Yasmin Alibhai-Brown: Christianity deserves better worshippers
Too many are like Cameron, part-time Christians of convenience who use religion as a weapon
26 December 2011
When politicians grab and wave the chalice of religion, they tarnish its beauty and purpose, turning its gold to nickel. Or let me put it another way. They sully and invade the privacy of faith and misuse God for propaganda and political games. The master of this dark art was the Ayatollah Khomeini, who swept into power in Iran in 1979. His political takeover was disguised as religious salvation and we know what happened next.
Saudi Arabia is the most loathsome, extreme theocratic state. In India, the Hindu fundamentalist BJP party has successfully sold itself to countless supporters and the apartheid regime in South Africa cited the Bible to justify its racism. Nearer home, Tony Blair called upon his Catholic deity to vouch for his motives when accused of lying about Iraq. The Pope gave him special blessings. These are the more dramatic examples of politicking with God. Just as common and corrosive is the everyday manipulation of religion by politicians.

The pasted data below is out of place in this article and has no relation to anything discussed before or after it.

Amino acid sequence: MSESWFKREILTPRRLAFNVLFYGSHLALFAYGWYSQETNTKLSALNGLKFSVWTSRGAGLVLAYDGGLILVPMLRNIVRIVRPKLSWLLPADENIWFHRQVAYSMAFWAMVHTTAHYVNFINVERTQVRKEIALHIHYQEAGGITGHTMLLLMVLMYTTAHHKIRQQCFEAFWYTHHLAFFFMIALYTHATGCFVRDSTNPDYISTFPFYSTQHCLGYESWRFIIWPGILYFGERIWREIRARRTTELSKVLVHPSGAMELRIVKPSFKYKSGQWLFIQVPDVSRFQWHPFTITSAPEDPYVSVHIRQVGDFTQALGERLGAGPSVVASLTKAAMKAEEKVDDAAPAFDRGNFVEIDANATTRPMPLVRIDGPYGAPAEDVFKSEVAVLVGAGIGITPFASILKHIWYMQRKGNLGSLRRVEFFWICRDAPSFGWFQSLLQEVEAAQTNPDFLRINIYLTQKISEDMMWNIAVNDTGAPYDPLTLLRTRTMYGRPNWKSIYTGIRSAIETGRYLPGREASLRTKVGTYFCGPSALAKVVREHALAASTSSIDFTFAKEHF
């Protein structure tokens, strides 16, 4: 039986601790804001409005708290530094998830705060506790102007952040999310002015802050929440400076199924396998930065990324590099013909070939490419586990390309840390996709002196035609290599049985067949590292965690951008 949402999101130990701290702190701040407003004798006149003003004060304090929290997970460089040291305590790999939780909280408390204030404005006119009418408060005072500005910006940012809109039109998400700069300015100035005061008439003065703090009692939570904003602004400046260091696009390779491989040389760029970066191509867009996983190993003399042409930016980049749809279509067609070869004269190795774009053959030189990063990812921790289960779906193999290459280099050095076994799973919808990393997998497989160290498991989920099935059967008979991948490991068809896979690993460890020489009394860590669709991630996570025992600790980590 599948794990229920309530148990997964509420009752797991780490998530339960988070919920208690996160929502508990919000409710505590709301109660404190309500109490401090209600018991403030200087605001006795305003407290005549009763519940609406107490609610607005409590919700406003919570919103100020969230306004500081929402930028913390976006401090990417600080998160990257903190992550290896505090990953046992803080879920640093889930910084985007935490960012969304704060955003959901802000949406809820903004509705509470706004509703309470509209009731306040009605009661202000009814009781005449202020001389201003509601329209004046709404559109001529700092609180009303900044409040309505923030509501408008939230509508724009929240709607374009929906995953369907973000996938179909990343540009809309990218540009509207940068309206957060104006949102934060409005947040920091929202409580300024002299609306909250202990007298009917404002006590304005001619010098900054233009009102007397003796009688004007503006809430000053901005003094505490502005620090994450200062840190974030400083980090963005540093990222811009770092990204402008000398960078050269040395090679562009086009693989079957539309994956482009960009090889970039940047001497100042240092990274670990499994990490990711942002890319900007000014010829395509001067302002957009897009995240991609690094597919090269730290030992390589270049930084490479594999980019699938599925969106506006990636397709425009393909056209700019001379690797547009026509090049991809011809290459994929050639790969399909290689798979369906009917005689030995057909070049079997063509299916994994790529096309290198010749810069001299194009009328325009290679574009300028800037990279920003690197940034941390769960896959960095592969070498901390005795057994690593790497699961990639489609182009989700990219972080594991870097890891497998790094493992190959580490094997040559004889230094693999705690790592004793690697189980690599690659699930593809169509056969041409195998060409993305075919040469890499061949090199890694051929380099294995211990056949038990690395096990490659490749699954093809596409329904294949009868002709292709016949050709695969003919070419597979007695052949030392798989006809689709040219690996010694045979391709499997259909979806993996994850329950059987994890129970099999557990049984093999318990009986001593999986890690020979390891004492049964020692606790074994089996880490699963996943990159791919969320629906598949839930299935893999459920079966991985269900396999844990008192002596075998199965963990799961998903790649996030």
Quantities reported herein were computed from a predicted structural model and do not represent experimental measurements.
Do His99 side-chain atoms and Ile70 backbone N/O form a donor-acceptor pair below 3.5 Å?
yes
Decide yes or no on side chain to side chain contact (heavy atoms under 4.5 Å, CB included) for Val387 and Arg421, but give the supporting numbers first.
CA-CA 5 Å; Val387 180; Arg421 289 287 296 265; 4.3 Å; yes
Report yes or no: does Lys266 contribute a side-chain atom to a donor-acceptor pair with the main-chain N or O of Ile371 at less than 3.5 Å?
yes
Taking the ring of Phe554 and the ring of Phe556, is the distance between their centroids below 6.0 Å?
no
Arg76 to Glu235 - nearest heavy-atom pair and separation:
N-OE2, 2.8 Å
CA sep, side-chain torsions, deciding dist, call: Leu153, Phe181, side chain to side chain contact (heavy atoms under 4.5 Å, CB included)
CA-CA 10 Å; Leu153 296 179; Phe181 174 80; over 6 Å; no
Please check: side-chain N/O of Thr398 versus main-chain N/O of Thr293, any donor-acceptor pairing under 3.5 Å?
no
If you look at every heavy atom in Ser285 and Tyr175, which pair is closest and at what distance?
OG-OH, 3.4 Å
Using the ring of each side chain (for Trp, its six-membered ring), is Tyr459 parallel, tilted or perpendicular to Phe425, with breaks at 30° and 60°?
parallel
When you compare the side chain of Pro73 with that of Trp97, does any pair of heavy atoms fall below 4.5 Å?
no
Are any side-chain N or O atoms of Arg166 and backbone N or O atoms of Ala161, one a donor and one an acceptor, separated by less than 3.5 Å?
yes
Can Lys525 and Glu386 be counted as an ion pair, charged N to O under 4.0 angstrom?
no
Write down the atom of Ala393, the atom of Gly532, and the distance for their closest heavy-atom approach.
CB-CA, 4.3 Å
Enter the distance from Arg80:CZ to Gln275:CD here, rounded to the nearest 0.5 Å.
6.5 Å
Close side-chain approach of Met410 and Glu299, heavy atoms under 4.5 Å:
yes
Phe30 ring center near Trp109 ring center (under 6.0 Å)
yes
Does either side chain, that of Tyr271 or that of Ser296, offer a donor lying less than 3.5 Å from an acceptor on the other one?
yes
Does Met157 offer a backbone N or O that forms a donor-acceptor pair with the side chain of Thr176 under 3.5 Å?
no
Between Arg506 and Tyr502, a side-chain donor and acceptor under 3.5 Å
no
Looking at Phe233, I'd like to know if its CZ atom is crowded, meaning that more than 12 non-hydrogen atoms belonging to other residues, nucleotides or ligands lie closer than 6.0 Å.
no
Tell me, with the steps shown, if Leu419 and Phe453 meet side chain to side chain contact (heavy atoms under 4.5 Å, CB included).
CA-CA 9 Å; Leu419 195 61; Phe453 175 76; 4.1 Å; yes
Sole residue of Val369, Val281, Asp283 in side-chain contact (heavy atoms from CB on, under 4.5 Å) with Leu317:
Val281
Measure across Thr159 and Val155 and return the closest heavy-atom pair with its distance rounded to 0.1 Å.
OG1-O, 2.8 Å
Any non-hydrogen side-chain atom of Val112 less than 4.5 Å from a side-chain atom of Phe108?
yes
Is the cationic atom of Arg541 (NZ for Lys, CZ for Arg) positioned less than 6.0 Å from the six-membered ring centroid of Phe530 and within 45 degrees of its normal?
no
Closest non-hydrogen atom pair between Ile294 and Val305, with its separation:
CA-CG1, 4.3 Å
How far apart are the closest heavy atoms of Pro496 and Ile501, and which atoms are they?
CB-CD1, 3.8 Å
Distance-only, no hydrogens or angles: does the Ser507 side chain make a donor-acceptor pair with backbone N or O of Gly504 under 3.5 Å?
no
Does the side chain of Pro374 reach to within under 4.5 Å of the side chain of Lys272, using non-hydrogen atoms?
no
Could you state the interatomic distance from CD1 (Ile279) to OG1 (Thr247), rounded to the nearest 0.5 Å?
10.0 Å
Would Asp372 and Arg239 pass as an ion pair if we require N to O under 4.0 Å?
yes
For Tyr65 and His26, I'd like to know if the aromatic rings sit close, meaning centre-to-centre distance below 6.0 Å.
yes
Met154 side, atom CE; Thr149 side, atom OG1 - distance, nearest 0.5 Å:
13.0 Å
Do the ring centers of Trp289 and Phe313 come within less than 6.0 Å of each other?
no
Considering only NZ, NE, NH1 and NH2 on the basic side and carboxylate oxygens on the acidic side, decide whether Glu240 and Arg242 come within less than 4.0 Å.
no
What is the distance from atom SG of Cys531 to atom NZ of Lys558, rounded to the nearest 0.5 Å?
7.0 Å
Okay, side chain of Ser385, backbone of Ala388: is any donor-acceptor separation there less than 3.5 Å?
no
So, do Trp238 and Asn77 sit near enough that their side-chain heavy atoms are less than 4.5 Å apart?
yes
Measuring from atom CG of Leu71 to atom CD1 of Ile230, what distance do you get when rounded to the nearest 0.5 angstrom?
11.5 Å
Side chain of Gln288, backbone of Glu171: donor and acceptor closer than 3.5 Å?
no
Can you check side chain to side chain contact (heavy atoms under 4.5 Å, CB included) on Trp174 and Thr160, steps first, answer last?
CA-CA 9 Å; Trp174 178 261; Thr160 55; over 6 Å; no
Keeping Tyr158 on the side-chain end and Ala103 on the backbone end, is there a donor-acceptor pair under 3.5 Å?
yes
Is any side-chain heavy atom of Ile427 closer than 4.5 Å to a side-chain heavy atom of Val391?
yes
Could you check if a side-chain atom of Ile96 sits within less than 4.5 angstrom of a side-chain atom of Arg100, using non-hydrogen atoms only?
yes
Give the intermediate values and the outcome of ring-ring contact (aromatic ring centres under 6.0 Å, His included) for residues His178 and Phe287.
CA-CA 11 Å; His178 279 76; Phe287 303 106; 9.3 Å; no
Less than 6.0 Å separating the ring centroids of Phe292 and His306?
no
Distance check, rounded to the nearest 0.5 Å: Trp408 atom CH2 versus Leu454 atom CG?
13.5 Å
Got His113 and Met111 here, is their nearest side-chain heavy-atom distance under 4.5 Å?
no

Recently, David Cameron did just that. The state should be secular, religiously neutral. Yet our PM, once a spin doctor, appropriated divinity efficiently and timed his message precisely. He chose this season of peace and goodwill to rouse muscular, Anglican jingoism, partly to pick a fight again with "multiculturalism" but mostly, I think, to cleanse the many sins of his government. This is a Christian country, with Christian values, he decreed, and "we should not be afraid to say so". Only it isn't. When you consider our domestic and foreign policy or how people behave, Britain cannot be called Christian. And I wish it was. Truly I do, even though I am a Muslim. For at its best, Christianity is one of the world's most humane and tender of religions and deserves a better class of worshipper than many of those who lay claim to it. blah blah
Tuesday, December 27, 2011
Cameron: Convenient Christian
Aye, I've come across one or two of those in my time, some quite recently in fact.